A year ago I heard about a new photography related horror movie called Polaroid that was coming out and I got super excited because my two favourite things were coming together. Only it didn't. I was beginning to think it was never coming out but last night by chance I came across it on the internet and thankfully for me it didn't suck. I am a huge snob where horror movies are concerned, I prefer a decent storyline and script over just gore. Anyone can put together 90 minutes of someone just killing people for no reason. There's no real talent there - and that also defines most of the 80's. Thank Wes (lol as if I'm going to say God..but Wes is) for Freddy Krueger seriously. I'm also that girl who will bitch hard through a movie if something is inaccurate - in my case obviously that's photography. Every movie featuring a dark room fucks it up royally. You can't stand there and watch your photo develop and hang it up straight away or turn the light on unless you want a black piece of paper because that's how you get a black piece of paper. There's a process - developer - stop bath - fixer - wash. For those unsure, developer is the stage where the photo appears. THEN YOU CAN TURN THE LIGHT ON! When I came across Camera Obscura  I got excited about a haunted camera movie. Most of us grew up watching Amityville Horror and all of the awful sequels about haunted items from the house or if you're like me you read the books too, so why not a haunted camera movie? The movie sucked ass all because of one very big technical problem. The movie might have been fine (though rewatching it now it definitely sucks as a movie in general and turned it off) but that ruined it for me. The movie is about a guy suffering PTSD after a 6 month stint in the war and refuses to pick up a camera ever again. His girlfriend is over his shit and wants him to get a job already and buys him an antique camera thats "like 80 years old". To be exact it's a Kine Exakta 1 made in Germany in 1936 which uses 35mm film (previous model used 127 film same as Box Brownies). This was the world's first 35mm SLR camera. The problem here though is he takes it out around town and shoots 10 rolls of film that he takes to get developed. Firstly I don't know a single person who would waste 10 rolls on an antique camera (or any new camera really), generally one roll to make sure it works or to see if it has any quirks like light leaks. Secondly the guy doesn't have a job and he can afford to get 10 rolls of film developed? His girlfriend's going to be super impressed later. Lucky for him a fire breaks out and he only ends up with 4 rolls - which are all black & white and not colour (which reminds me of a conversation I had while working in a camera shop where a woman couldn't grasp why her black and white negatives couldn't print as colour photos), showed dead bodies and were all stamped with the time and date they were taken which isn't even possible because that feature didn't turn up in cameras until the 90's. I mean seriously how can you screw such a huge detail like that? I don't even remember how this film ends, I just remember how much it annoyed me with that small detail. The other movie that left me wondering was Are You Afraid Of The Dark where a young girl is given a polaroid camera which seems to take endless photos. A cartridge only holds 10 frames...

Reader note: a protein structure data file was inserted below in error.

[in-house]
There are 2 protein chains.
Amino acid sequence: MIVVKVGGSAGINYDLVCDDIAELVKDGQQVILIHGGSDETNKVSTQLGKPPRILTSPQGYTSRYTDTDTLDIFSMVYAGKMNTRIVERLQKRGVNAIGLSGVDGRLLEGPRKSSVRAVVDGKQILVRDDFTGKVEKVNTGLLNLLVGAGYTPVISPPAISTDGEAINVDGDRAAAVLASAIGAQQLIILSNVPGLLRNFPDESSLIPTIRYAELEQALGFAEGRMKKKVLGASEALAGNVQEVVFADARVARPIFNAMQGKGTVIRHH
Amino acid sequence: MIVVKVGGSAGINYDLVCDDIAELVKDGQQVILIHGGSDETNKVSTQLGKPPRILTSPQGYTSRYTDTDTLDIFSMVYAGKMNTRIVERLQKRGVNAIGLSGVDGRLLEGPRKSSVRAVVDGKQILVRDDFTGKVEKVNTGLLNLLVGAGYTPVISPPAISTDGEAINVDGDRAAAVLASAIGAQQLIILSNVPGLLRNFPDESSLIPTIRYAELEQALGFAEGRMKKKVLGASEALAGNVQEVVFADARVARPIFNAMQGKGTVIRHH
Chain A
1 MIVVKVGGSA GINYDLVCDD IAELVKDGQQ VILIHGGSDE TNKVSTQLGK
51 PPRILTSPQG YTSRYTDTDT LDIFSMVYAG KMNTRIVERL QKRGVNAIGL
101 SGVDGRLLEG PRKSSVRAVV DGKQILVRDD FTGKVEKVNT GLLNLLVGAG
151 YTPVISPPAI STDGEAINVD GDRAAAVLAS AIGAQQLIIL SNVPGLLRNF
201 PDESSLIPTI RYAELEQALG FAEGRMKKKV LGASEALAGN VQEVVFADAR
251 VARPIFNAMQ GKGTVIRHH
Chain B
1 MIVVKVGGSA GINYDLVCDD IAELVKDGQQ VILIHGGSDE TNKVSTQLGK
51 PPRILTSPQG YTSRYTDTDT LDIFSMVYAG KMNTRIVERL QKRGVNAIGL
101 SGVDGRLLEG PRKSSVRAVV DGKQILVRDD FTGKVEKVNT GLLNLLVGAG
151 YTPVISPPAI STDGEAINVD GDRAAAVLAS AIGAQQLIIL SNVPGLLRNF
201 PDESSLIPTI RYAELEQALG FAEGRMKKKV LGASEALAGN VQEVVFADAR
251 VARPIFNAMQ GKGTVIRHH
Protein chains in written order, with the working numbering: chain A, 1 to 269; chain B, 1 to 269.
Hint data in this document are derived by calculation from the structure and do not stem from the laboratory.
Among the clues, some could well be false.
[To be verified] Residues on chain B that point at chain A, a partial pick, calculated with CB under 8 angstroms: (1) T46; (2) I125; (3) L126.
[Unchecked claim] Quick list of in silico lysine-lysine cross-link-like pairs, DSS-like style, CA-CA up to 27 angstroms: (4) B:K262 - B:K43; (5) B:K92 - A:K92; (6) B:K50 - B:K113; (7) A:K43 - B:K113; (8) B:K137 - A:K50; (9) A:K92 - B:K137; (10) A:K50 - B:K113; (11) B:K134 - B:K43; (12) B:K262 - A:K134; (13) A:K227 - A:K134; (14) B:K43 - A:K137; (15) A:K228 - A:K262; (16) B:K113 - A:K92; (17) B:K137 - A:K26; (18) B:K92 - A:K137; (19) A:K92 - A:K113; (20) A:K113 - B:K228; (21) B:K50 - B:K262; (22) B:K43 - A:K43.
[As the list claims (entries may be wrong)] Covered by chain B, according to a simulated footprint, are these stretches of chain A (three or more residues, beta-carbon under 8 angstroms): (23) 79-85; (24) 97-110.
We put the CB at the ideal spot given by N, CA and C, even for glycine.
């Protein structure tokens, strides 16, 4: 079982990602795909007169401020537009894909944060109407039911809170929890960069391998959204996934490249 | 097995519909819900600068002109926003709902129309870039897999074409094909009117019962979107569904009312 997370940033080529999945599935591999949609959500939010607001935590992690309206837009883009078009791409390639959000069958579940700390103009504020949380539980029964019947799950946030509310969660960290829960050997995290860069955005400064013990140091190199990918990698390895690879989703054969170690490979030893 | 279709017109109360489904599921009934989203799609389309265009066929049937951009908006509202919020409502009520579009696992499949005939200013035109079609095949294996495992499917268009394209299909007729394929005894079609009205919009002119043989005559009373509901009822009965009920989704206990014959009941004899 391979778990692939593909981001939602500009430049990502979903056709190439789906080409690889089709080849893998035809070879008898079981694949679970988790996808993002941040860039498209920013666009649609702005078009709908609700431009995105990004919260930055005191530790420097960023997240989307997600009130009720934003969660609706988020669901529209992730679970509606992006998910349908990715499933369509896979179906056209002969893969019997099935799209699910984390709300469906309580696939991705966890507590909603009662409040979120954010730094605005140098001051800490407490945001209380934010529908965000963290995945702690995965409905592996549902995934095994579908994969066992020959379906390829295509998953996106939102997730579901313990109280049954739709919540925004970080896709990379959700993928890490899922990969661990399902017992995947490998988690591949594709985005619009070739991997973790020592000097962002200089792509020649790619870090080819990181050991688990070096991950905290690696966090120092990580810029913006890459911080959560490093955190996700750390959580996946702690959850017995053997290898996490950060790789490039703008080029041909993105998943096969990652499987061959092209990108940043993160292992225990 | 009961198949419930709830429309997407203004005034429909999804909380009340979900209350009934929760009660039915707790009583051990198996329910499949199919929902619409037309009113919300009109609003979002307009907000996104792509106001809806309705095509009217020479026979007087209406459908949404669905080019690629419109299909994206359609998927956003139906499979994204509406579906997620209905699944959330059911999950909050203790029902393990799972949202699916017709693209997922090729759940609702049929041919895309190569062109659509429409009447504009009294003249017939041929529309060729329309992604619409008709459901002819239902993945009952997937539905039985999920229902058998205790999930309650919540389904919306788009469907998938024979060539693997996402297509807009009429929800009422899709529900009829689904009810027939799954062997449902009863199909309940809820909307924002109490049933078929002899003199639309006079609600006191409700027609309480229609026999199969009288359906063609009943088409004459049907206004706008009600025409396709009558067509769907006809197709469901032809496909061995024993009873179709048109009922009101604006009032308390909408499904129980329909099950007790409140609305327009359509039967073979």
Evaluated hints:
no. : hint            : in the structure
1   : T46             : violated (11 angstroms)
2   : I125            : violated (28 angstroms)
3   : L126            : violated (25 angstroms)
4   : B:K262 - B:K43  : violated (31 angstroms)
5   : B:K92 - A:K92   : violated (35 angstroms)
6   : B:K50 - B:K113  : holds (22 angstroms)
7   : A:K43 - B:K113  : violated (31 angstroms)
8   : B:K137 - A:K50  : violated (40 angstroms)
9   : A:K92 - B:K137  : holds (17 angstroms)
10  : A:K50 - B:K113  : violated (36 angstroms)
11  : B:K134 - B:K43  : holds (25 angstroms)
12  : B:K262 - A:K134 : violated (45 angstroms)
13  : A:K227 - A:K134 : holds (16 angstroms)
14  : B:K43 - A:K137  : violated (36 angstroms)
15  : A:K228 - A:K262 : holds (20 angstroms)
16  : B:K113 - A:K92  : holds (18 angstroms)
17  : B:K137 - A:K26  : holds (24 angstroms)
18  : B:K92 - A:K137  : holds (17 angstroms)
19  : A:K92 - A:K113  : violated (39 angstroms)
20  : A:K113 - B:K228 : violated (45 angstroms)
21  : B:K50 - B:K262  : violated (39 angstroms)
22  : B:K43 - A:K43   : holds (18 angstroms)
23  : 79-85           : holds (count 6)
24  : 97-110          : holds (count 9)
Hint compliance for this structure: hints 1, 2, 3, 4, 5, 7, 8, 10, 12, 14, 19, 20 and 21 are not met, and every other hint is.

So now that I've told you what NOT to watch, here's three movies you should check out...